Heart MRI to screen for calcium/plaque build-up. How reliable are the results?

Per the recommendation of my doctor and based on my family history of heart disease, I had a heart MRI to check for signs of plaque in my coronary arteries. It came up "zero/normal" which my doctor explained means there is no evidence of calcium and therfore no plaque build-up in my arteries.

This test is highly touted by many imaging centers as being useful and accurate and my doctor highly recommended it. It was only 0, but not covered by insurance.

So… question:

Why don't insurance companies require this test for 0 before consenting to pay for a lifetime of Lipitor treatment for someone? Or at least, why aren't they willing to pay for it?


One Response to “Heart MRI to screen for calcium/plaque build-up. How reliable are the results?”

  1. SpiN Says:

    The use of cardiac fast MRI for flow, patency, and plaque in the coronary arteries is still considered "experimental" by many physicians and in the medical literature. More often, calcium is detected using cine-CT, a superfast CT scan (CAT scan – computer aided tomography), and there is a greater amount of medical literature published for superfast CT than for fast-acquisition MRI.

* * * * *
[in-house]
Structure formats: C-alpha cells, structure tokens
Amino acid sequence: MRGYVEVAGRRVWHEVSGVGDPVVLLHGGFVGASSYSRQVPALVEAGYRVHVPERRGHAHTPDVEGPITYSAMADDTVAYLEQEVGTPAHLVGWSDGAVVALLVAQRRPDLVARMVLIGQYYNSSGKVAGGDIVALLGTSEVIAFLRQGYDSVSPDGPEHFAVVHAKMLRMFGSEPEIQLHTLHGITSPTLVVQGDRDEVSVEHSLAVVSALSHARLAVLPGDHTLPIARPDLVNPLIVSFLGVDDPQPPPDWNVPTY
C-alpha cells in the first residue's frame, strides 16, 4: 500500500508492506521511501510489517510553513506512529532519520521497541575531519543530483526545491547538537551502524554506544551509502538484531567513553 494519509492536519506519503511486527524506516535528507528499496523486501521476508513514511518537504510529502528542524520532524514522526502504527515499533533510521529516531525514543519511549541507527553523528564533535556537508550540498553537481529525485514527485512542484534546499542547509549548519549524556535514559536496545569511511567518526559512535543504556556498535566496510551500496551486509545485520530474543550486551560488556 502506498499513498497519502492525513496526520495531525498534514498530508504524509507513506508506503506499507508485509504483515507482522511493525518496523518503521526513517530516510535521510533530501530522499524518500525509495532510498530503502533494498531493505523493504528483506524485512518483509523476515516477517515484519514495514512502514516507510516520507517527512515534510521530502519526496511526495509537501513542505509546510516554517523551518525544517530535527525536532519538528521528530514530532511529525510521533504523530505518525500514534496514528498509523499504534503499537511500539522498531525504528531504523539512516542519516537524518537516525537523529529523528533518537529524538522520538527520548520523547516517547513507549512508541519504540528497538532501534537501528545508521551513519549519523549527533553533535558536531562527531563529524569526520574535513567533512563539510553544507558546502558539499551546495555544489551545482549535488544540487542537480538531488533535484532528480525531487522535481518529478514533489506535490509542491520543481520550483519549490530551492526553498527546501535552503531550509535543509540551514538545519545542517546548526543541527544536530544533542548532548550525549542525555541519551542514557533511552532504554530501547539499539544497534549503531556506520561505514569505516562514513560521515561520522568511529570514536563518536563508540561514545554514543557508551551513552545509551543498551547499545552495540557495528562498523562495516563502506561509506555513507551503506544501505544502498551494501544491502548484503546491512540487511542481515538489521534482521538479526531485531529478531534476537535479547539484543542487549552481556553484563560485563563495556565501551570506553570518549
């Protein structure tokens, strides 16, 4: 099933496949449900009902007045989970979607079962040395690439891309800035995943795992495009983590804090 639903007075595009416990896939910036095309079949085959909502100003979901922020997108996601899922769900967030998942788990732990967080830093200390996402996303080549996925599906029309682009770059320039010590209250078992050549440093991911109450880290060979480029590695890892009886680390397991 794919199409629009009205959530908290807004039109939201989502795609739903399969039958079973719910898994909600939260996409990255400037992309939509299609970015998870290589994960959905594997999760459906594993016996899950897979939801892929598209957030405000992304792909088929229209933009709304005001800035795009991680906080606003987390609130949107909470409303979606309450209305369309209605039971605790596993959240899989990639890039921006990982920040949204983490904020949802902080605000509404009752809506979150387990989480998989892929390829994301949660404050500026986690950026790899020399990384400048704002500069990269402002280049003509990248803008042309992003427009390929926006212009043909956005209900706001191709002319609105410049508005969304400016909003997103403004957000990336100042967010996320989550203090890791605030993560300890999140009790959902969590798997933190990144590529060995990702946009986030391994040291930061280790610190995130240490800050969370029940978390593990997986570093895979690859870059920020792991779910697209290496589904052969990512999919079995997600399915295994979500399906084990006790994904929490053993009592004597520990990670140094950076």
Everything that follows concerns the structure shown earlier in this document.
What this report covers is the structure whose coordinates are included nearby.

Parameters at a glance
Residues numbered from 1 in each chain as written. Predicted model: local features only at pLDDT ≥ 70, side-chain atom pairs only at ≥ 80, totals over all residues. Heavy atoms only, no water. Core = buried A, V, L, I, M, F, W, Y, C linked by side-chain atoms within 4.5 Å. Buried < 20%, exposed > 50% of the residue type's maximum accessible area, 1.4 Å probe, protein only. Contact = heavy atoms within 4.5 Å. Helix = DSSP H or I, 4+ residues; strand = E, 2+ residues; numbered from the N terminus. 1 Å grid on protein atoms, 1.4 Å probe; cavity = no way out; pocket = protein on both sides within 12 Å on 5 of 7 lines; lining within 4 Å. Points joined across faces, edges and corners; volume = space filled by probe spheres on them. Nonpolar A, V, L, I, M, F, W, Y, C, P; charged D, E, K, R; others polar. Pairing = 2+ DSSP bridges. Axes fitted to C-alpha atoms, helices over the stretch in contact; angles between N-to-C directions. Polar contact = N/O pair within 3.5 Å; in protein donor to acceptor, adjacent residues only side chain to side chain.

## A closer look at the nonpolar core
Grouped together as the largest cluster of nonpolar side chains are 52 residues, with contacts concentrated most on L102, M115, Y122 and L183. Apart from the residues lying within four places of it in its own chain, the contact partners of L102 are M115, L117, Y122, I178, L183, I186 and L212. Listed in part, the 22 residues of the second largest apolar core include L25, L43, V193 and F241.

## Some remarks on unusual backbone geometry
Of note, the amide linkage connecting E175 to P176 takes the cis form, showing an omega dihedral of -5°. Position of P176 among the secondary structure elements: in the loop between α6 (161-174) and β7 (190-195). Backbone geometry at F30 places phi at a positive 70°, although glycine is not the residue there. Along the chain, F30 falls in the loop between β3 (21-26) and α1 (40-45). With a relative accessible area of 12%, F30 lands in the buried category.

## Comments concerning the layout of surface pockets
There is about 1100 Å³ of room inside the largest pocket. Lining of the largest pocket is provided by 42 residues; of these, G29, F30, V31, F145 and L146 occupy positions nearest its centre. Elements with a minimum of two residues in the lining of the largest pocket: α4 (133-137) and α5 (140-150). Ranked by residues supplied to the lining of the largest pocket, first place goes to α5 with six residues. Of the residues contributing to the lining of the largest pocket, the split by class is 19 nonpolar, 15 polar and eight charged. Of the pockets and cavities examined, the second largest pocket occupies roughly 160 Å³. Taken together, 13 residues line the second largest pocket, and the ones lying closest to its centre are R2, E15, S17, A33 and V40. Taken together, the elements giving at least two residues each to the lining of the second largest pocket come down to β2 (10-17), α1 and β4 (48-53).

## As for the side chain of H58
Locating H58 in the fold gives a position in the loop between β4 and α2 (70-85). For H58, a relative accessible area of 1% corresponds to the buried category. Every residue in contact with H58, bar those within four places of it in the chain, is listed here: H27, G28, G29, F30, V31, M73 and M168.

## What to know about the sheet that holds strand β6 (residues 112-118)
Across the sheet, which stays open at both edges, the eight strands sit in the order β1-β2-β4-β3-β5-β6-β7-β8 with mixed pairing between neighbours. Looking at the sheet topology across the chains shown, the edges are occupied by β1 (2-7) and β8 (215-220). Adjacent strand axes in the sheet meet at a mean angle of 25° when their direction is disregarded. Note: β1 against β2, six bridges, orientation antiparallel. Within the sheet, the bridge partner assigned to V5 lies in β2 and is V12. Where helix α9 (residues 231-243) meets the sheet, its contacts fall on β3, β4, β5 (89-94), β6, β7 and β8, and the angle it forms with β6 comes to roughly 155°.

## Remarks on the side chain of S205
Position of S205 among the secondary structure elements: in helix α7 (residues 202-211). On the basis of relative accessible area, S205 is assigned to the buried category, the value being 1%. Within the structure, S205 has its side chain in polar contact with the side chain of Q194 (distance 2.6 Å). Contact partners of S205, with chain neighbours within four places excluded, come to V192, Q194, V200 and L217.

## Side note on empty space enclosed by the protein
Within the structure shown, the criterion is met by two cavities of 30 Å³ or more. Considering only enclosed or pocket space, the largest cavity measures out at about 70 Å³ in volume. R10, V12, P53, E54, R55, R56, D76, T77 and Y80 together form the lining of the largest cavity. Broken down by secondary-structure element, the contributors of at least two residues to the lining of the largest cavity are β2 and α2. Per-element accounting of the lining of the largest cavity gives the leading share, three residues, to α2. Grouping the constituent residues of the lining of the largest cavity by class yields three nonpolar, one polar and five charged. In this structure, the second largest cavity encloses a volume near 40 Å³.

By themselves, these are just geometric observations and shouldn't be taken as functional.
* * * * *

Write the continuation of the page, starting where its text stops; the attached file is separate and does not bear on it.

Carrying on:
MRI tends to show anatomy incredibly well, but it's not quite up to par with cine-CT/superfast CT. I am surprised that this MRI was only $100. Even limited MRI exams in the United States will begin around $400 and can go over $2000 or more in extensive circumstances. Do you live in the US, or in a socialised medicine State?

    Insurance actuaries and underwriters want rock solid cost to benefit ratios, showing that the cost of an examination is outweighed by benefits that are provided by the information from that exam. They are also behind the curve … that is, there can be clear medical consensus established in the literature, but the insurance companies will drag their feet until it becomes so overwhelmingly commonplace that the costs to benefit ratio is strongly in their favour. After all, they have to keep their stockholders happy, showing ever-increasing profits year after year.

    In summary, cine-MRI is not yet at a consensus point in the medical literature for evaluation of coronary artery calcification, patency, flow, anatomy, and structure because the resources that have these ultrfast-MRI machines are few and far between … usually only at major teaching hospitals, however, some are popping up in these MRI/CT-in-a-box mall radiology joints. oomph. Have a full body CT or MRI while you are waiting for your eyeglasses to be made next door and your kids are at the food court slurping down Orange Julius beverages. 🙂